Authors that follow Belsky’s lead and create a new vocabulary with their book will invariably create a more memorable brand.

New words and phrases add interest to your book and provide easy to remember memory assists for your important ideas, improving retention, creating a shortcut to your brand.

What’s fascinating about the list that follows is that you can learn so much about the book from simply analyzing the new words and phrases it introduces:

  • Dreamers, Doers, and Incrementalists. These refer to the three types of creative individuals described in Making Ideas Happen. Dreamers are always generating new ideas. Doers s are obsessively focused on the logistics of implementing ideas. Incrementalists shift between dreaming and doing, but often fail to totally profit from their ideas because they often dissipate their energy by working on too many different projects. (pages 113-115)
  • Action Method. Action Method refers to the process of immediately following-up new ideas by identifying the specific tasks needed to bring an idea closer to reality.
  • Creative’s compromise. Creative individuals, i.e., designers, authors, and entrepreneurs, must be prepared to adopt new restraints and best practices that may initially be uncomfortable. (18)
  • Done walls. The practice of hanging examples of completed Action Steps from previous projects on the wall of your working area, as motivation tools to maintain team enthusiasm and morale. (91)

How Thought Leadership Authors Can Benefit from Making Ideas Happen

If you’re having trouble finishing your book, you’re not alone! Authors often need help finishing their books. As Belsky puts it: nearly all new ideas die a premature death.

He concludes: The journey to a more productive life as a creative leader starts with a candid self-assessment of who you are, your tendencies, and the greatest barriers before you.

In addition to a dash of reality and a description of how others handle the challenge of the new and the creative’s challenge, authors will be exposed to concrete steps they can take to work more efficiently. They’re also likely to be inspired by the example of writing and organization that Making Ideas Happen presents – prompting them to create their own recipe for success.

Branding Secrets You can Learn from American Idol

As American Idol gears up for its finale with an estimated 28 million viewers, cialis 40mg now is a great time to think about this TV show not as a singing competition, bronchitis but a branding competition – really!

Just as in business, discount the goal of branding is for prospects to remember you in order to do business you. Or, in this case, the goal is for viewers to remember you in order to vote for you.

If we look back at Season 10, we’ll note that the show is comprised of judges and contestants who have morphed into hot personal brands by using these proven branding techniques.

  • Unique Vocabulary – Thanks to Randy Jackson for introducing us to the “dog pound” and “dog” as a term of endearment. And, an honorable mention to Top 10 Guy Alex Lambert for putting front and center the reality of how today’s teens speak with “like”, “umm”, and “you know” littered throughout. Your job? Determine how to speak a language all your own.
  • Attitude – Paula Abdul showed the world not only her loopiness, but her ability to find good in everybody. Of course, Mr. Simon Cowell demonstrated his brutal honesty by earnestly telling contestants that they need to find a new career opportunity. If we strut like Mo’Nique or Jamie Foxx, we too can have our attitude became a critical component of our brand.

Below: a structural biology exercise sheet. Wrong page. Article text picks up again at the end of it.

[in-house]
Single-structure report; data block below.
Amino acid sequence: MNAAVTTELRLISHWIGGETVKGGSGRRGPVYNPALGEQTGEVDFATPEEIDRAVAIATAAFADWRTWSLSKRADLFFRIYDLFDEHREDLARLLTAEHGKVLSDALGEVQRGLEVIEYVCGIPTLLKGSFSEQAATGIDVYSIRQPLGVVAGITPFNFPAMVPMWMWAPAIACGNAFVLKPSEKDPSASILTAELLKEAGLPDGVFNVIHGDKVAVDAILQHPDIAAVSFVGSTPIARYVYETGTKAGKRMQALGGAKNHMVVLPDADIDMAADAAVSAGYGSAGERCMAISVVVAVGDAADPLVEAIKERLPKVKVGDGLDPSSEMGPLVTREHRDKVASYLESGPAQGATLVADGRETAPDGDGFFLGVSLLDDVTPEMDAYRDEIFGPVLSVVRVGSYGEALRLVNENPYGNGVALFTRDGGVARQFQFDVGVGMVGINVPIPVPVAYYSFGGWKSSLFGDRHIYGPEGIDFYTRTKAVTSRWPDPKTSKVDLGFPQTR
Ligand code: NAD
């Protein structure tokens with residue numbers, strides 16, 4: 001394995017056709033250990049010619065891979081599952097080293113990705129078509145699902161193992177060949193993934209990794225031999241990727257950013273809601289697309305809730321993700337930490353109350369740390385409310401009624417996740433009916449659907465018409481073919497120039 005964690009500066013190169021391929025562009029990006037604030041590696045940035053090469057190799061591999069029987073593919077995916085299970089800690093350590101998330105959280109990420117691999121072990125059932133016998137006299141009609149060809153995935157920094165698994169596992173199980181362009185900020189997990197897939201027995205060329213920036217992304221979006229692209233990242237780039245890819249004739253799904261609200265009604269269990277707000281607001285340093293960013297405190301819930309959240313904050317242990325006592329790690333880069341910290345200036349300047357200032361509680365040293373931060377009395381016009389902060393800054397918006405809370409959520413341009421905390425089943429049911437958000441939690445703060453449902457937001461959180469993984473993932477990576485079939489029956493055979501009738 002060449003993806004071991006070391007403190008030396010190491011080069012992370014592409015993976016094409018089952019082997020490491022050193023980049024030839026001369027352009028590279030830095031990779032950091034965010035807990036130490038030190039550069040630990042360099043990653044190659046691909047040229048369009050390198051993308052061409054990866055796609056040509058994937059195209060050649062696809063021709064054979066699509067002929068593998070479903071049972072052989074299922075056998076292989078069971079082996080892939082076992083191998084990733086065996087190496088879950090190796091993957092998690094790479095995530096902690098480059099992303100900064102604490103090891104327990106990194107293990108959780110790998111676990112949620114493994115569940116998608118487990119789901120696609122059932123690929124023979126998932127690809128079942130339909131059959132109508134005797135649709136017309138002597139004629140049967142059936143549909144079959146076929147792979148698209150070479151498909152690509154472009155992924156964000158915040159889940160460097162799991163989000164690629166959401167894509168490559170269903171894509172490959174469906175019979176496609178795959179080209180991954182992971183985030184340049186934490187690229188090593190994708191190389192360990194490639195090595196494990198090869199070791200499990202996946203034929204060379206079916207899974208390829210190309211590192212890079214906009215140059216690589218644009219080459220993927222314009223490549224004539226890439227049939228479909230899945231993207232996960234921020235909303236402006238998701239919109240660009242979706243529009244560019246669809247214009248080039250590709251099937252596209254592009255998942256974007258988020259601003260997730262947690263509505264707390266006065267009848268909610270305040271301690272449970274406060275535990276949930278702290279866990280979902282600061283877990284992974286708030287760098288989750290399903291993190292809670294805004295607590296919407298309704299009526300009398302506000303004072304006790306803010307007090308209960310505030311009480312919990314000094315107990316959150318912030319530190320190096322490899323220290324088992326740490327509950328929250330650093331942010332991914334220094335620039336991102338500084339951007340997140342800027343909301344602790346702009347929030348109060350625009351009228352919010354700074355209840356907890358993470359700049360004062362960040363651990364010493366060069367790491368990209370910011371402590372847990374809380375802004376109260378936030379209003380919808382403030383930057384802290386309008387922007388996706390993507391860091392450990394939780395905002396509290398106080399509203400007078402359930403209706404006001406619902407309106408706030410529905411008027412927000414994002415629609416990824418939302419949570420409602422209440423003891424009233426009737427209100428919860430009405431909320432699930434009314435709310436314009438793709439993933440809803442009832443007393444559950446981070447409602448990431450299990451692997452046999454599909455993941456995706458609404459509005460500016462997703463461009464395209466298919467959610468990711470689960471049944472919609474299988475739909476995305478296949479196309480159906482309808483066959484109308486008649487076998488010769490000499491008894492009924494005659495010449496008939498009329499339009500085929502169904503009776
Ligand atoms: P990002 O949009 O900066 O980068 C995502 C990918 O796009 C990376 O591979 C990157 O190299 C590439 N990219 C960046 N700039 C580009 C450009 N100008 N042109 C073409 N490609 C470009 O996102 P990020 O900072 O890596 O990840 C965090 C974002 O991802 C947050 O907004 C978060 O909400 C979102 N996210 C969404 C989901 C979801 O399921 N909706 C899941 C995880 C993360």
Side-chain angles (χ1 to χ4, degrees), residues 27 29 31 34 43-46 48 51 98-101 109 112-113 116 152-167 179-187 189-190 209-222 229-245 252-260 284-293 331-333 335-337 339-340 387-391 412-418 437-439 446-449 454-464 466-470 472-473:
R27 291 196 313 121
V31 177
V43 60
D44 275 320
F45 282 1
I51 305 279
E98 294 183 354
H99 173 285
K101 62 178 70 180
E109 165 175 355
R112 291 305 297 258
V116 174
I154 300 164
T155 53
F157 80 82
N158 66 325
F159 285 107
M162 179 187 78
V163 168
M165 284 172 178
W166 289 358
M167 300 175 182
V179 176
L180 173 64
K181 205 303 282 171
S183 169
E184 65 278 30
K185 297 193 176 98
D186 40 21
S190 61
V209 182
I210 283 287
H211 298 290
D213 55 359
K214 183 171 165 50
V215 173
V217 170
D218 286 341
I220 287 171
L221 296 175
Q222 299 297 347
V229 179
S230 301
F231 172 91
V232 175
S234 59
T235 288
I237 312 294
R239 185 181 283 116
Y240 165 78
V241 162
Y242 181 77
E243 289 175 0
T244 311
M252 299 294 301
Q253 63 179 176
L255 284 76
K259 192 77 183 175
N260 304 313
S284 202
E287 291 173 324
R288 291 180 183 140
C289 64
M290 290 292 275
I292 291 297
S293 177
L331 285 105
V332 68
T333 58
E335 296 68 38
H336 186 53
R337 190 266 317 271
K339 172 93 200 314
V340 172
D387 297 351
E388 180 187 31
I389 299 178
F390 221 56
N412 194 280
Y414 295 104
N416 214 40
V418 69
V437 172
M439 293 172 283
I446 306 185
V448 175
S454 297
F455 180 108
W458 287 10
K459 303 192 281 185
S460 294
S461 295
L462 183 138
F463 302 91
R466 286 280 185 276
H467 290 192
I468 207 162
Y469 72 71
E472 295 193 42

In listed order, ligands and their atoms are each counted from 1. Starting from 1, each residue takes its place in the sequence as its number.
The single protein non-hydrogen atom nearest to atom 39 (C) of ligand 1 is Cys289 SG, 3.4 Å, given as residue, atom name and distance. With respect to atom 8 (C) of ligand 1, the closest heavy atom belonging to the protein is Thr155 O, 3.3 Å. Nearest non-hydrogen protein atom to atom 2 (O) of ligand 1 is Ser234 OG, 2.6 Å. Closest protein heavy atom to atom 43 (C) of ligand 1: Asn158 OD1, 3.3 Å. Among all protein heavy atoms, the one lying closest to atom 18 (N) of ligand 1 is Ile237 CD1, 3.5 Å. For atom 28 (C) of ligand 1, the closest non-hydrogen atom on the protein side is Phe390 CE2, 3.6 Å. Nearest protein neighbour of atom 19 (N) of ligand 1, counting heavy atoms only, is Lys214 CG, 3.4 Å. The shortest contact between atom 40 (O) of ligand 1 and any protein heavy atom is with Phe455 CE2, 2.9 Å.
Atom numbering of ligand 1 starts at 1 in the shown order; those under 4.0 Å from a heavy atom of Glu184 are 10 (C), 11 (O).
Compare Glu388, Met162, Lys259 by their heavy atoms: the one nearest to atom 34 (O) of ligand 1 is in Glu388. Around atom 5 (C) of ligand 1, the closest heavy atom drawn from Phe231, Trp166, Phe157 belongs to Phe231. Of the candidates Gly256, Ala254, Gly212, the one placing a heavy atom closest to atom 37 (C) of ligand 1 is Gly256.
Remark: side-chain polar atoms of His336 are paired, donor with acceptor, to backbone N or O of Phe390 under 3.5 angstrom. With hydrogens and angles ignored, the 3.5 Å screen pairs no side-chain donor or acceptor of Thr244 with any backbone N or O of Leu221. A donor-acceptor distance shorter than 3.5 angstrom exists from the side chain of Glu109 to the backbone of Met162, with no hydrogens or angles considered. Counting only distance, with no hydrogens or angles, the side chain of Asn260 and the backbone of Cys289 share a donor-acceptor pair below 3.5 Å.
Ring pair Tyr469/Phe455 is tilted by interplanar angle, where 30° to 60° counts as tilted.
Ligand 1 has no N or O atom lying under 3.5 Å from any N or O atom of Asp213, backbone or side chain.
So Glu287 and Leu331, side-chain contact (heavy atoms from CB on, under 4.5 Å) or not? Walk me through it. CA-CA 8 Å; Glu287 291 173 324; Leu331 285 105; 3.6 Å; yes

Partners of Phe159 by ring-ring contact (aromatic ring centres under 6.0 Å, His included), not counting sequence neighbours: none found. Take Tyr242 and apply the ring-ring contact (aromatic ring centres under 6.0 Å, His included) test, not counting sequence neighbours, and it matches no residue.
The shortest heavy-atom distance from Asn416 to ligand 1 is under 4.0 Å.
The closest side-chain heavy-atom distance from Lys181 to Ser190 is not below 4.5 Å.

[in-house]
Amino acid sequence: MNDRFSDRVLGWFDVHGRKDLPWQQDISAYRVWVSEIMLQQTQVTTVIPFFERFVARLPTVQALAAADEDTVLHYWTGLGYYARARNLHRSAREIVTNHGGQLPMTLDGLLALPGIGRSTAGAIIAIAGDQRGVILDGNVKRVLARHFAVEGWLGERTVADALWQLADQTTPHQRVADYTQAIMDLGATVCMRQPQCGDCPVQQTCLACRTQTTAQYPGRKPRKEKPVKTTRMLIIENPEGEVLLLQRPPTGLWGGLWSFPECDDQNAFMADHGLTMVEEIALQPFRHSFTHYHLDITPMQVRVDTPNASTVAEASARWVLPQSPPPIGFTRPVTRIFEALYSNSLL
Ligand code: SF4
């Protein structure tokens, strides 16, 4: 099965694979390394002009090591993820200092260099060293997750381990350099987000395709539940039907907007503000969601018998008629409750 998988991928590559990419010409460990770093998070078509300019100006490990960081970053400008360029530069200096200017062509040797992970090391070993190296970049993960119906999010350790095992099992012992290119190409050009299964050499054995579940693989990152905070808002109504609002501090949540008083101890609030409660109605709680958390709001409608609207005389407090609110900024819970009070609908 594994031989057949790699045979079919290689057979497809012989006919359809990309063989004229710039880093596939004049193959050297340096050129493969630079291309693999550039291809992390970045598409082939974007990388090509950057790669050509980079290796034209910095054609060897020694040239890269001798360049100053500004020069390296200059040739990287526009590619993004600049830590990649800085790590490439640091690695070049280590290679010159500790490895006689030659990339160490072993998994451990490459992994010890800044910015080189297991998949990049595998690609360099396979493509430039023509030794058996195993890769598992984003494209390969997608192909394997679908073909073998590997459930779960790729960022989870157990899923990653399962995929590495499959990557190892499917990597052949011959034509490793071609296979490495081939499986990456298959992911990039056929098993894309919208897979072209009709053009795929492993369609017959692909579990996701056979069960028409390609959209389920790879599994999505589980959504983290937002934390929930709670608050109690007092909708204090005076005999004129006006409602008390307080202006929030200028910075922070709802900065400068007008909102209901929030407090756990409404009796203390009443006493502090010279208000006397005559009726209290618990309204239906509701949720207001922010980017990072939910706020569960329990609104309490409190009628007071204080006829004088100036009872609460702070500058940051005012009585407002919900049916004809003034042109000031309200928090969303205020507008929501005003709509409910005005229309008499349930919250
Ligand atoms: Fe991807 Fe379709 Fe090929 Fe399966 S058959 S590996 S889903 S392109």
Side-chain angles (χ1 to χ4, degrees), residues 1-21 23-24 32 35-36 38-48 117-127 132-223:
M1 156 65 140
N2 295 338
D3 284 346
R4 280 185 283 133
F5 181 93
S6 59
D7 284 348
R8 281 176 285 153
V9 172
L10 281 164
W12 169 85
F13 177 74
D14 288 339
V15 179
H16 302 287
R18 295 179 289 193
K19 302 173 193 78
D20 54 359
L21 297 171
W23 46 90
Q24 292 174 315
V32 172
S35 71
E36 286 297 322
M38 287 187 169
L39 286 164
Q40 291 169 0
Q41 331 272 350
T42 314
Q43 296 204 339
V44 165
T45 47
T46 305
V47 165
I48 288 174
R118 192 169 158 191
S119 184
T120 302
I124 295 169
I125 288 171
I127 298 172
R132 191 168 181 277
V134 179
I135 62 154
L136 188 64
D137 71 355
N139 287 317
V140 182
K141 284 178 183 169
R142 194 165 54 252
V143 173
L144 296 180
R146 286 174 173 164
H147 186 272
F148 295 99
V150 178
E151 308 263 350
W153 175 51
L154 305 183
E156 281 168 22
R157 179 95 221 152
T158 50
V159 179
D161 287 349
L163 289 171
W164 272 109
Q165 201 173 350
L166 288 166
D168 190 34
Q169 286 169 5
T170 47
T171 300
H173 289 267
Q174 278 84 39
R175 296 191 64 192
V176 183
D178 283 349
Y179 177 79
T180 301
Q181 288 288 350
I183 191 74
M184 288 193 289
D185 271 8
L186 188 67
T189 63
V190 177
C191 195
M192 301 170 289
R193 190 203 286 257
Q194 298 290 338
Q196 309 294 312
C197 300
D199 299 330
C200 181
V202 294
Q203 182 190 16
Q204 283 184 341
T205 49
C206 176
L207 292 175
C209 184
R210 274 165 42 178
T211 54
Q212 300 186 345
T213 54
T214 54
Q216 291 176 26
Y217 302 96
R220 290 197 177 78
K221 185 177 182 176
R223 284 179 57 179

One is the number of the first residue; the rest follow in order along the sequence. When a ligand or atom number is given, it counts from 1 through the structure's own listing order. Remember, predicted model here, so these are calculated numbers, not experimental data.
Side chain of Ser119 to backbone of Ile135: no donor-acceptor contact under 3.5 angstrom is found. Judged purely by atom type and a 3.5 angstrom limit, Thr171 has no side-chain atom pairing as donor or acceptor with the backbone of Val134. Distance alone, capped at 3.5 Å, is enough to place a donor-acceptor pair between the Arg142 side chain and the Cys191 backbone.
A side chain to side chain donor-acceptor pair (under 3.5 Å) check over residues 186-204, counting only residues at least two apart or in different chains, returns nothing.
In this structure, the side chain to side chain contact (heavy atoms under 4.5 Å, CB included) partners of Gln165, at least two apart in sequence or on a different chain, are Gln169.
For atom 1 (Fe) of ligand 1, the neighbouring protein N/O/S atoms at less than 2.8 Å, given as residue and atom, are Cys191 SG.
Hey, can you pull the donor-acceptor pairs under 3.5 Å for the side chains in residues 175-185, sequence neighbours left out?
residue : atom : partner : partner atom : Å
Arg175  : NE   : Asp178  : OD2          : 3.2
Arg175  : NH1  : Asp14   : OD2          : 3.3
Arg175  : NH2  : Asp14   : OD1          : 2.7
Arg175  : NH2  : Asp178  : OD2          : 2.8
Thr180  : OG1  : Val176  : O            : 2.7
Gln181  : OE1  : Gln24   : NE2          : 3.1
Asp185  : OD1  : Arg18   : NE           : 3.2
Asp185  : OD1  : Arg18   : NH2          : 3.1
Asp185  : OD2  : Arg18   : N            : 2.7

• Dress –  New judge Ellen DeGeneres fervently sticks with her trademarked pants and vests look while Simon has yet to be able to afford anyone other shirt except, apparently, a Fruit of the Loom T-shirt.  Of course, the winner of dressing to stand out must go to season9  performer known simply as “Bikini Babe!”  What are you doing to dress appropriately for your brand?
  • Nicknames – Nicknames are always a sign of endearment and 4th runner up, Michael Lynche earned his moniker of “Big Mike” with his 6’1 and 300 lb frame. Crystal Bowersox also quickly morphed into Mama Bowersox too. If your own name is popular (Megan), generic (John Anderson), or taken by someone else (Loni Anderson), feel free to use a nickname.
  • One Name Brand – I had never met a Siobhan or even how to pronounce it until Ms. Magnus made her debut this year. Clearly, she has the opportunity to join the ranks of Cher, Beyoncé, and Shakira by becoming a one-name show! Do you?
  • Solid Analogy – Crystal Bowersox became the “Janis Joplin for 2010” with her spot-on, yet modern interpretation of the legendary singer. Referencing the familiar (Janis) to the unfamiliar (Crystal) helps to introduce and recall a new brand. I consider myself the Suze Orman of branding; what’s your reference?

Remember that when it comes to branding, every interaction counts: from your voice message to your email to your blog entries to personal encounters. Ensure that they project the same image and you too can be on the road to winning votes and business from your customers!

Branding speaker and expert Liz Goodgold is a fiery redhead with over 25 years of experience in marketing and branding. She is the author of RED FIRE BRANDING: Create a Hot Personal Brand and Have Customers for Life and DUH! Marketing. For more hot branding ideas, sign up for her FREE newsletter, The Brand Finale.